Shinohara Pops! The Avant-Garde Road, Tokyo/New York
Curated by Hiroko Ikegami with Reiko Tomii
August 29 – December 16, 2012
Sara Bedrick Gallery
This exhibition examines the 50-year career of Ushio Shinohara, an indispensable player in the field of global contemporary history. Born in Japan in 1932, Shinohara was an enfant terrible of the Tokyo avant-garde art scene in the late 1950s with his "action art." During the 1960s, he went on to invent such signature series as Boxing Painting, Imitation Art, and Oiran. After his move to New York in 1969, he continued with his versatile image-making endeavor, with Motorcycle Sculpture and drawings of street scenes, among other series. The exhibition consists of some seventy paintings, sculptures, works on paper, and a video documentary of the artist's life.
Lead curator Hiroko Ikegami, Ph.D., is Associate Professor in the Graduate School of Intercultural Studies at Kobe University. An art historian who specializes in American art and the postwar globalization of the art world, she has authored The Great Migrator: Robert Rauschenberg and the Global Rise of American Art (MIT Press, 2010). She has collaborated in organizing this exhibition with Reiko Tomii, Ph.D., a New York-based independent scholar who investigates post-1945 Japanese art in global and local contexts. Tomii's extensive publications include her contributions to Globalization and Contemporary Art (Wiley-Blackwell, 2011) and Xu Bing (Albion Editions, 2011). Together they have brought their art historical and curatorial insights to the work of Shinohara, who has been underappreciated in his adopted home of New York.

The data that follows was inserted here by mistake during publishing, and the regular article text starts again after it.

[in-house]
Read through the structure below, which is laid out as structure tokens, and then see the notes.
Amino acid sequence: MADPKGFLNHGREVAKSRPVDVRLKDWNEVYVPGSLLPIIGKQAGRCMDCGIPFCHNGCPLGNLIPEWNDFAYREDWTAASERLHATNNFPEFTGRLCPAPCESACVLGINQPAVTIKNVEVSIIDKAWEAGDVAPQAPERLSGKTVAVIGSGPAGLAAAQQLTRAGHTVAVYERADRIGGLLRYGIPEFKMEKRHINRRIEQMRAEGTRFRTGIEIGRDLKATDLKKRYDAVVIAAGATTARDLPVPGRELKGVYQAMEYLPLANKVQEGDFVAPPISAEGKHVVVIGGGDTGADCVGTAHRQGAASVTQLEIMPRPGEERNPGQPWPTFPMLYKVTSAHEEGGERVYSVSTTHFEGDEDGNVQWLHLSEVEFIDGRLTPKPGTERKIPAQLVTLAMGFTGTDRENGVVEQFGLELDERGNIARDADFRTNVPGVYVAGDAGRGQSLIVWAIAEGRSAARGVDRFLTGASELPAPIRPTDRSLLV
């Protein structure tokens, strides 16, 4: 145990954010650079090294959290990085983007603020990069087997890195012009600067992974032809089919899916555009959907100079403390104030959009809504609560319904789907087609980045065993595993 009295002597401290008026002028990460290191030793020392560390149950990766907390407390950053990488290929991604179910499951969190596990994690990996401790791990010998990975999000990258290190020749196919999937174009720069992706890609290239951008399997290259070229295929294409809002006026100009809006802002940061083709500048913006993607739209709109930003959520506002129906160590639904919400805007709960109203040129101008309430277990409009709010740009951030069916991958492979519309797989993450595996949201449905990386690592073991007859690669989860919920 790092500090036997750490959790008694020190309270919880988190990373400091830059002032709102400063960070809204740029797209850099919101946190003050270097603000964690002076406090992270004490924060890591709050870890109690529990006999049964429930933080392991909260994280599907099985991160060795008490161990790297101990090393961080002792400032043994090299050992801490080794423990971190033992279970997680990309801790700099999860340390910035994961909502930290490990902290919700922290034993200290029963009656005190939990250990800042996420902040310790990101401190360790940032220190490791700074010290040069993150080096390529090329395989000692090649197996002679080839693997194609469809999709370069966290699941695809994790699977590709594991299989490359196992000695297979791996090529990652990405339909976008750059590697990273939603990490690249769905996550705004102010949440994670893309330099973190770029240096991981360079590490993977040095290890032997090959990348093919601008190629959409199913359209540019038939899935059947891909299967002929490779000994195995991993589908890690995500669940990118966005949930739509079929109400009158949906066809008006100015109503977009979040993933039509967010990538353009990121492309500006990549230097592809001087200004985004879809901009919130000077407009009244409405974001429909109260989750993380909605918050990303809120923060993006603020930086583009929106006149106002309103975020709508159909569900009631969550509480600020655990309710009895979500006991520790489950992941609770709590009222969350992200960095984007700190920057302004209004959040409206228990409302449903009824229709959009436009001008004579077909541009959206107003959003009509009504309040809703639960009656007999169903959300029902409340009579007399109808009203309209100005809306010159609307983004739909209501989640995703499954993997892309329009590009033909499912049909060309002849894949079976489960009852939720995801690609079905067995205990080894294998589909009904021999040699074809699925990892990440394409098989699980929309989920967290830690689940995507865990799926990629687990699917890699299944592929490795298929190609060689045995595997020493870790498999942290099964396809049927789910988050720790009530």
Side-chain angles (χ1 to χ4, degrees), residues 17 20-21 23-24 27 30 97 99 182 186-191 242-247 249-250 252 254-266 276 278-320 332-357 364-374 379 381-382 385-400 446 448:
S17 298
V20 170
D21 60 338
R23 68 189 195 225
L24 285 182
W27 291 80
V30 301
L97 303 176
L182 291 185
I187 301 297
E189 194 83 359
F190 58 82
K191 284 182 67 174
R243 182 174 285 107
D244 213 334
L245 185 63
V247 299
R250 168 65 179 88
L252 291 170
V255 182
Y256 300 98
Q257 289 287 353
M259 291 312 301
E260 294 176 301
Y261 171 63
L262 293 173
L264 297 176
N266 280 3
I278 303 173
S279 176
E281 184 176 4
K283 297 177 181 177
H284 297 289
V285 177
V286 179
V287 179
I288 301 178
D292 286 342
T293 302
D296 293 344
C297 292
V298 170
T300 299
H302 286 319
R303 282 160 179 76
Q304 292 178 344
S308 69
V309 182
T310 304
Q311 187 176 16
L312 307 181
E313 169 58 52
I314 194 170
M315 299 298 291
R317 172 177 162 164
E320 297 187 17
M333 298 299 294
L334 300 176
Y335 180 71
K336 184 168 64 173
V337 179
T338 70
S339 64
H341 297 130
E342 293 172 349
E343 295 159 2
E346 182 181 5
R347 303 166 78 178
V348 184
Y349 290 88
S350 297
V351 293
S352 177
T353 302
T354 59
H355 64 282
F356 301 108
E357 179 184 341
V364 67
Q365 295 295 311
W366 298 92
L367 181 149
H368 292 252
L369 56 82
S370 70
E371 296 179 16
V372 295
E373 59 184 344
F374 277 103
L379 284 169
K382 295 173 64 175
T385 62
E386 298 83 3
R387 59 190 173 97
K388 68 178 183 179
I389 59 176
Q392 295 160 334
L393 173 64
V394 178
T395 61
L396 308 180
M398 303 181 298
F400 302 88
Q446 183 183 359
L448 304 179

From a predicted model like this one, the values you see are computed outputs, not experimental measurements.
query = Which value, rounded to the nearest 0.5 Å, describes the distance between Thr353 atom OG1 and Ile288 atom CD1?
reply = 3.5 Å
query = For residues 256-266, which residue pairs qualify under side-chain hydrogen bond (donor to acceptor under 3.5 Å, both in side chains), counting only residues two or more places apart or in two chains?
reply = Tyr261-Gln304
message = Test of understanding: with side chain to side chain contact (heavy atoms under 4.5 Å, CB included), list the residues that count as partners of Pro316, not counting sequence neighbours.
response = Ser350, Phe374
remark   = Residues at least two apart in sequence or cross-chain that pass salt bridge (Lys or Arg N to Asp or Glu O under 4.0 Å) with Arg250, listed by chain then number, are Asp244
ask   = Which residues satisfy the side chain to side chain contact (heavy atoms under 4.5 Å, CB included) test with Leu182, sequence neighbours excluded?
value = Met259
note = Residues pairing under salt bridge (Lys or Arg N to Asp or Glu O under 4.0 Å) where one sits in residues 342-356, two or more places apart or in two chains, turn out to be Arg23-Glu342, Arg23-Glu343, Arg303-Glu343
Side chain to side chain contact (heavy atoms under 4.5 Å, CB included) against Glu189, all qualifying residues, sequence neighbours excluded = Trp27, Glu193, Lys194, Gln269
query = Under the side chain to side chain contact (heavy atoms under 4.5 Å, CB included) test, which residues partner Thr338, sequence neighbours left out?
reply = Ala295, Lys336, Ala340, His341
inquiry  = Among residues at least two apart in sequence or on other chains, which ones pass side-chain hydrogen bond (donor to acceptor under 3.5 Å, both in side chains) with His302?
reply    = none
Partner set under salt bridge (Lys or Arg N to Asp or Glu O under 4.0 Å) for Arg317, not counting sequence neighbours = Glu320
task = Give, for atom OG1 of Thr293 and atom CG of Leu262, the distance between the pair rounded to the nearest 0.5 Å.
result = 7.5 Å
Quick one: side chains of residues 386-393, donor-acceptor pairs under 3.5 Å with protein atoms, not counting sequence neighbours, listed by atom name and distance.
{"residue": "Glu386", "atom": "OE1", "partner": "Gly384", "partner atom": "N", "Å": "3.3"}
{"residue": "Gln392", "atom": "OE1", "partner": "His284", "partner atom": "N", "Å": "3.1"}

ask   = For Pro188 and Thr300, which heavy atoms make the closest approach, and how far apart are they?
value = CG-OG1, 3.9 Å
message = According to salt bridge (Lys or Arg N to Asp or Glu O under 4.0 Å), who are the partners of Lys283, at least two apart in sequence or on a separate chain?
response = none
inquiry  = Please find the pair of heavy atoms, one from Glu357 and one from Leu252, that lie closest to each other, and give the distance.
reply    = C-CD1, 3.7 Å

Major funding for this exhibition is provided by the Friends of Shinohara Pops!. Generous support is provided by the Japan Foundation. Ongoing support for Dorsky Museum exhibitions and programs is provided by the Friends of the Samuel Dorsky Museum of Art and the State University of New York at New Paltz.
See more press on this exhibition:
In Japan's Art Annual: http://www.art-annual.jp/column-essay/essay/8475/
In the Japanese version of Newsweek: http://www.newpaltz.edu/news/np_news/Newsweek-Oct17-2012dorsky.pdf